{ Practical astronomy | Astronomy | Planets | Planetary motion }

# Planetary motion

Ephemerides are ephemeral data describing the motion of a celestial
body. Simply put, they are a table of times, and the celestial
position and distance at that time. *Ephemeris*
and *ephemerides* are the singular and plural of the word,
but ephemeris are also not really countable, so that both terms are
used interchangeably and essentially have the same meaning.

As Earthlings we need ephemeris to tell us where in our sky the planets will be at a given time. But the movement in question is actually a combination of the planet's movement around the Sun and of the Earth around the Sun.

*The elliptical Kepler orbit. For demonstration purposes, the eccentricity here is rather extreme at e = 0.6.*

What is going on is discussed in detail in the section about the Sun. The Sun's gravity keeps each planet in an orbit around it. If the planet and Sun were alone with each other, and in Newtonian mechanics, this would be a Kepler orbit, i.e. an ellipse. However, each pair of planets also attracts each other a tiny bit, gravity travels between Sun and planet only at the speed of light, and Einstein has his own ideas of space and time. As a result, the Kepler ellipse is actually not precise enough for good ephemeris of the planets.

In the section about the Sun we presented the algorithm by Simon et al. (1994a) to take care of these problems. Our deliberations there were for the Earth's orbit around the Sun, although applied as the apparent orbit of the Sun around the Earth. The whole formalism applies for each of the other seven planets and its motion around the Sun, just with different parameters for their orbits.

The calculations still use Kepler elements and the iteration of the Kepler equation; it is just that the Kepler elements are not constant, but adjusted beforehand for the time in question. We recall here that the Kepler elements are:

- a
- Semi-major axis (in Gm or au). This is the long radius of the ellipse, also the average distance of the planet from the Sun.
- e
- Numeric eccentricity (dimensionless). This is zero for a circle, one for a parabola, and in between characterises how non-circular the ellipse is.
- n
- Mean daily motion (in °/d).
- ω
- Argument of perihelion (in °). This is the angle between the ascending node and the perihelion and describes the orientation of the ellipse in the orbital plane.
- i
- Inclination (in °). This is the inclination angle between the ecliptic and the orbital plane.
- Ω
- Longitude of ascending node (in °). This is the angle between the vernal equinox and the ascending node (where the orbital plane intersects the ecliptic).

In addition, time is parameterised as the *mean anomaly* M.
Its value at a certain standard epoch T_{0} is usually
listed as an orbital element and increases according to the mean
daily motion n.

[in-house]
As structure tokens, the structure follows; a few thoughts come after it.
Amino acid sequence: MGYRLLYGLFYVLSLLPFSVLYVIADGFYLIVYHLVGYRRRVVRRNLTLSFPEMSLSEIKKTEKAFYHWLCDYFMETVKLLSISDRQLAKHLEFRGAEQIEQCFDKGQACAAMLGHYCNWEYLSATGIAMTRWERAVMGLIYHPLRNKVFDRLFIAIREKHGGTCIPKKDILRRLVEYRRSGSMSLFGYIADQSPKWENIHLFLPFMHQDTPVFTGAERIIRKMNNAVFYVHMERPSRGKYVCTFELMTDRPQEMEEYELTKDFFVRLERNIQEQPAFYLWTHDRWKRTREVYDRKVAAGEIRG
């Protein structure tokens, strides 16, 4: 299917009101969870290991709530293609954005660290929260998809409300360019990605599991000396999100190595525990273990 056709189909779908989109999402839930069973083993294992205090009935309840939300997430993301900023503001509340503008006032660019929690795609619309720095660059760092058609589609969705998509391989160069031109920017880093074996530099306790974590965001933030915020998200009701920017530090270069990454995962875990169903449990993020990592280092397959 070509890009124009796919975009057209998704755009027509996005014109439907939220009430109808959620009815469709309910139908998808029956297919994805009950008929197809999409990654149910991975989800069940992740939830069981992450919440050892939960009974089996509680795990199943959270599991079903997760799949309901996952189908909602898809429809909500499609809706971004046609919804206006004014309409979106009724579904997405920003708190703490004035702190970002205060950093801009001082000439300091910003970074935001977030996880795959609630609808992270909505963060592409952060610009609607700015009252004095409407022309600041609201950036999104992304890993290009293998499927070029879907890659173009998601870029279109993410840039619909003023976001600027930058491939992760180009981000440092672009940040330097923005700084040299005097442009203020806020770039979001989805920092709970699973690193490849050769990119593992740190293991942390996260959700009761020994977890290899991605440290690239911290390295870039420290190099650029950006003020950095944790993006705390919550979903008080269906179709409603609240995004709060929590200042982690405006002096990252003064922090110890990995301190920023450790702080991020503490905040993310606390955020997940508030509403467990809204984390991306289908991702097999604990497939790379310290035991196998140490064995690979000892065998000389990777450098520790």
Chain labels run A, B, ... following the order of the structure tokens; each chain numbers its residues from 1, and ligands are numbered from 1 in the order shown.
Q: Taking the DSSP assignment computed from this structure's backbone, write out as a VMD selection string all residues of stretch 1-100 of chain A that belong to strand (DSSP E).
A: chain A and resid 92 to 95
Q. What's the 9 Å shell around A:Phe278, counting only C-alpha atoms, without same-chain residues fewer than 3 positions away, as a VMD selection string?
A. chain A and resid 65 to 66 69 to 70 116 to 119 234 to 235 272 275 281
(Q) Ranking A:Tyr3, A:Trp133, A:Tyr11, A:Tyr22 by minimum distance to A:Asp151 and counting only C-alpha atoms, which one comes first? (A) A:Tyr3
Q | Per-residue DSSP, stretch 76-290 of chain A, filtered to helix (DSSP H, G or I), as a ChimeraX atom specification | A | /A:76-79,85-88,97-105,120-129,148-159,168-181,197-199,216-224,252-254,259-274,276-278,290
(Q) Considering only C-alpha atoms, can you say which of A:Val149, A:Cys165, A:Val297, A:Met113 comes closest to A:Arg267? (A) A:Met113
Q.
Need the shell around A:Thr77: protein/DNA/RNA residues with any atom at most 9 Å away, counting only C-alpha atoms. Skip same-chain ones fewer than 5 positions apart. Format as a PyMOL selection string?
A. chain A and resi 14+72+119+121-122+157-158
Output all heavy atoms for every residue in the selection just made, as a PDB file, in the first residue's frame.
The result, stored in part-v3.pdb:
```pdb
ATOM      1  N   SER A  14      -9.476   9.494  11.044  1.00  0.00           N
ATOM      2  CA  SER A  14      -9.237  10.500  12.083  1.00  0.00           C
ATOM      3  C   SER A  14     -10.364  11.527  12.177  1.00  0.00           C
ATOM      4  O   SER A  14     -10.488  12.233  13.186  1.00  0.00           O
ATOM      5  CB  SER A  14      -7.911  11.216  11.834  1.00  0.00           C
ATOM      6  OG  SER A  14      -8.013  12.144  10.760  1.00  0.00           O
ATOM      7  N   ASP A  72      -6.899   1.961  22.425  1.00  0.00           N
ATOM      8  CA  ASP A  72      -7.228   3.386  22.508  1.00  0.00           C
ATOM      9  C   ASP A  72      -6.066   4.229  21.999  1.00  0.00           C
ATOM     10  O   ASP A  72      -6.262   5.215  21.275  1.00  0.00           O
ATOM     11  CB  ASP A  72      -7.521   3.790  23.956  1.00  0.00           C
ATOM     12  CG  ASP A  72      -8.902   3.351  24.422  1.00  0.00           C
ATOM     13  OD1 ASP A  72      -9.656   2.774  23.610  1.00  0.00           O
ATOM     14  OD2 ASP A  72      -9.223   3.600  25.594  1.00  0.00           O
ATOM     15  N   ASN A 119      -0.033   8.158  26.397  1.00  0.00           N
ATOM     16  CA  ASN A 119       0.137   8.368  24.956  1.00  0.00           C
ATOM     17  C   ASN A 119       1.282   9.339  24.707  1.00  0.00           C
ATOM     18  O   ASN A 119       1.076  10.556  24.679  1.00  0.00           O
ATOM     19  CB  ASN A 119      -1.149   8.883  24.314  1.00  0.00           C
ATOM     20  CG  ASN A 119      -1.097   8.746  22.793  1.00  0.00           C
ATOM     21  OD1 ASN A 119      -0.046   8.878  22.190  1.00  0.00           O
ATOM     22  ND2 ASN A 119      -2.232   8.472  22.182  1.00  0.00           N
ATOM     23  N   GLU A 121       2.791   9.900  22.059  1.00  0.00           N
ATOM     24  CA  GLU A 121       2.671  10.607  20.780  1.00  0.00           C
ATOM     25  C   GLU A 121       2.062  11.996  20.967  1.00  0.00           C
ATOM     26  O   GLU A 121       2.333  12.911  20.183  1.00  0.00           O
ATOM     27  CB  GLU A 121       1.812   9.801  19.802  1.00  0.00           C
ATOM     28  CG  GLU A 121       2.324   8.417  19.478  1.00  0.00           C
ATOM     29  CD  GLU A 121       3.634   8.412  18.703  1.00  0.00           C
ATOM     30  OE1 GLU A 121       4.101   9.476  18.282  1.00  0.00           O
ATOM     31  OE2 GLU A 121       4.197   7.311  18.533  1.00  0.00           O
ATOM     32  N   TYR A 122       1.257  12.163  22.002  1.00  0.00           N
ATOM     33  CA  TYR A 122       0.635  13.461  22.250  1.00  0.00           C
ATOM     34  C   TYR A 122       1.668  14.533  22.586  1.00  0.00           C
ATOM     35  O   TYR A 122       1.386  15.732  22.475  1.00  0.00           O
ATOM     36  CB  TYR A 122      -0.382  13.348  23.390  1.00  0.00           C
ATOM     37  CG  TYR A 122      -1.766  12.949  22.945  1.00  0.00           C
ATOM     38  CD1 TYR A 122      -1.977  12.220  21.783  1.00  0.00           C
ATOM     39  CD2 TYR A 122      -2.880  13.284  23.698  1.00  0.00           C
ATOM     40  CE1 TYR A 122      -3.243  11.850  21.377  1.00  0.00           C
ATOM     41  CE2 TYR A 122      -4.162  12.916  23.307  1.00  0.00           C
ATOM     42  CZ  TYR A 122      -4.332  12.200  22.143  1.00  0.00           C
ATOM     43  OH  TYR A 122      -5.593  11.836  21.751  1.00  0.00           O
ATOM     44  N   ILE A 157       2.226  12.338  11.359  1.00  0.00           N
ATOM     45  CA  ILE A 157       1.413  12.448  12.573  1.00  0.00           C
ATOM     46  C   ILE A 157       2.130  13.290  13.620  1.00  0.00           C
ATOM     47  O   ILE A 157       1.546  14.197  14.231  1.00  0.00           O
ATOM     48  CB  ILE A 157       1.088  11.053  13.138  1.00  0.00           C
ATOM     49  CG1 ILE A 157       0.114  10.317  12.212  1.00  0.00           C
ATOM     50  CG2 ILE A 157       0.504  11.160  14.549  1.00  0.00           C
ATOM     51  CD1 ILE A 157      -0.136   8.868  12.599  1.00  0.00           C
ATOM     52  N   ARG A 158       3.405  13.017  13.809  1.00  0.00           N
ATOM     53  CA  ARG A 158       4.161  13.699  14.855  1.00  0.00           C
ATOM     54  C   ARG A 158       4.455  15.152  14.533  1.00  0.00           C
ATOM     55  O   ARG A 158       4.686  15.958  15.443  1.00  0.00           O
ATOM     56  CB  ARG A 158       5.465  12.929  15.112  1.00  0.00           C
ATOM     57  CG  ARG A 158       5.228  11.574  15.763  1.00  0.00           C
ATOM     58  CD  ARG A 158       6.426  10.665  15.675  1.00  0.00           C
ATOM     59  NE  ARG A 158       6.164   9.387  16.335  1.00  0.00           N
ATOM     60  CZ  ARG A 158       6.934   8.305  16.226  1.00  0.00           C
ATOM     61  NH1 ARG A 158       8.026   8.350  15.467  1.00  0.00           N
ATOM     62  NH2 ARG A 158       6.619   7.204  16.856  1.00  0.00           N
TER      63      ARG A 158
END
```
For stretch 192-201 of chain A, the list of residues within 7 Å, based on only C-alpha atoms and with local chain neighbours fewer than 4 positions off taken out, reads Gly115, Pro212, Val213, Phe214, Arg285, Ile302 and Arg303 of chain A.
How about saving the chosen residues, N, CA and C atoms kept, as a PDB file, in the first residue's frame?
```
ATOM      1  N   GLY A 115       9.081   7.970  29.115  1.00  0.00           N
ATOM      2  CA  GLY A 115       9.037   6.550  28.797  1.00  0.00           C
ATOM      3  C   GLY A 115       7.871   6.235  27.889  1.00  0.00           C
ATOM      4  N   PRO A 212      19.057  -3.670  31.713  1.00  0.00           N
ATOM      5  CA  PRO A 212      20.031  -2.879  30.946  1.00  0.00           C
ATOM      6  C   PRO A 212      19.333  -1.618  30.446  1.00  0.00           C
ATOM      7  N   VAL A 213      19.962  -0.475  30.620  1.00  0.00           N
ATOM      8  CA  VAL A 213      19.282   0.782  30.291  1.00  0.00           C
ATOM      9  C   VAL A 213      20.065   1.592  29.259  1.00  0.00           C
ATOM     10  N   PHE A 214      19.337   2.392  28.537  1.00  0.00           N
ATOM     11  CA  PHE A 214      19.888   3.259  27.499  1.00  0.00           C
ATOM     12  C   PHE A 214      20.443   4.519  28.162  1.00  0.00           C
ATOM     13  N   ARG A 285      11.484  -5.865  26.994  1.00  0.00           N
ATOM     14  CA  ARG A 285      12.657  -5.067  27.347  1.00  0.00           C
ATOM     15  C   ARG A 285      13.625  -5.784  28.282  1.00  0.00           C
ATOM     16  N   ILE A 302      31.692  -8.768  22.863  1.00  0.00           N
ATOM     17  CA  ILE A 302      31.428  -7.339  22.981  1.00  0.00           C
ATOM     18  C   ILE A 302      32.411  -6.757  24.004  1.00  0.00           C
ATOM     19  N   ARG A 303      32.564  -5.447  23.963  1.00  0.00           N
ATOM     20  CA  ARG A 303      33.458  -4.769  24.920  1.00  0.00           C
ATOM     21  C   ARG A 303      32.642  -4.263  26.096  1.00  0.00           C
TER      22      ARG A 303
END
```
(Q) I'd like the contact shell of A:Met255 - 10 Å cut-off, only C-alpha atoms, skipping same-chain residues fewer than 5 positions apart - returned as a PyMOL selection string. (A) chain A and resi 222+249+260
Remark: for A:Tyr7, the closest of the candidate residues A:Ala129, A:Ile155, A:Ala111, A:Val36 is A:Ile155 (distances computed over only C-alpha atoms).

M(t) = M(T_{0}) + n · (t − T_{0})

We briefly mention again, that in the literature we usually find ϖ = ω + Ω and L = M +ω + Ω. Those are less intuitive and also less useful for the calculations.

Because we want to know where the planet appears in the sky above Earth, we have to make calculations for two planets, the one being observed (P) and the Earth (E).

M_{E}(t) = M_{E}(T_{0,E})
+ n_{E} · (t − T_{0,E})

M_{P}(t) = M_{P}(T_{0,P})
+ n_{P} · (t − T_{0,P})

The *Kepler equation*

E_{X} − e_{X} · sin(E_{X}) = M_{X}

is solved iteratively to find the *eccentric anomalies*
E_{E}(t) and E_{P}(t). From the angle E (see graph
of the Kepler orbit for its meaning), we can calculate the
rectangular, heliocentric coordinates in the orbital plane,
oriented to the perihelion:

x_{S,X} = a_{X} · cos(E_{X})
− a_{X} · e_{X}

y_{S,X} = a_{X} · sin(E_{X})
· (1 − e_{X}^{2})^{0.5}

z_{S,X} = 0

The remaining Kepler elements ω, i and Ω are just rotations of the coordinate system in space.

x_{1} = x_{S,X} · cos(ω_{X})
− y_{S,X} · sin(ω_{X})

y_{1} = y_{S,X} · cos(ω_{X})
+ x_{S,X} · sin(ω_{X})

z_{1} = z_{S,X}

x_{2} = x_{1}

y_{2} = y_{1} · cos(i_{X})
− z_{1} · sin(i_{X})

z_{2} = z_{1} · cos(i_{X})
+ y_{1} · sin(i_{X})

x_{hel,X} = x_{2} · cos(Ω_{X})
− y_{2} · sin(Ω_{X})

y_{hel,X} = y_{2} · cos(Ω_{X})
+ x_{2} · sin(Ω_{X})

z_{hel,X} = z_{2}

Having made the above calculations separately for Earth and planet, we finally find the geocentric position of the planet as the difference of the two heliocentric positions:

x_{geo,P} = x_{hel,P} − x_{hel,E}

y_{geo,P} = y_{hel,P} − y_{hel,E}

z_{geo,P} = z_{hel,P} − z_{hel,E}

## Inner planets

The motion of a planet in the Earth's sky appears quite complex,
because of the combination of the planet's motion around the Sun and
of the Earth's motion around the Sun. The inner planets Mercury and
Venus remain close to the Sun in our sky; Mercury is at most 28°
from the Sun, Venus 47°. As such, observation of an inner planet
is mostly limited to twilight or daylight. A *synodic orbit*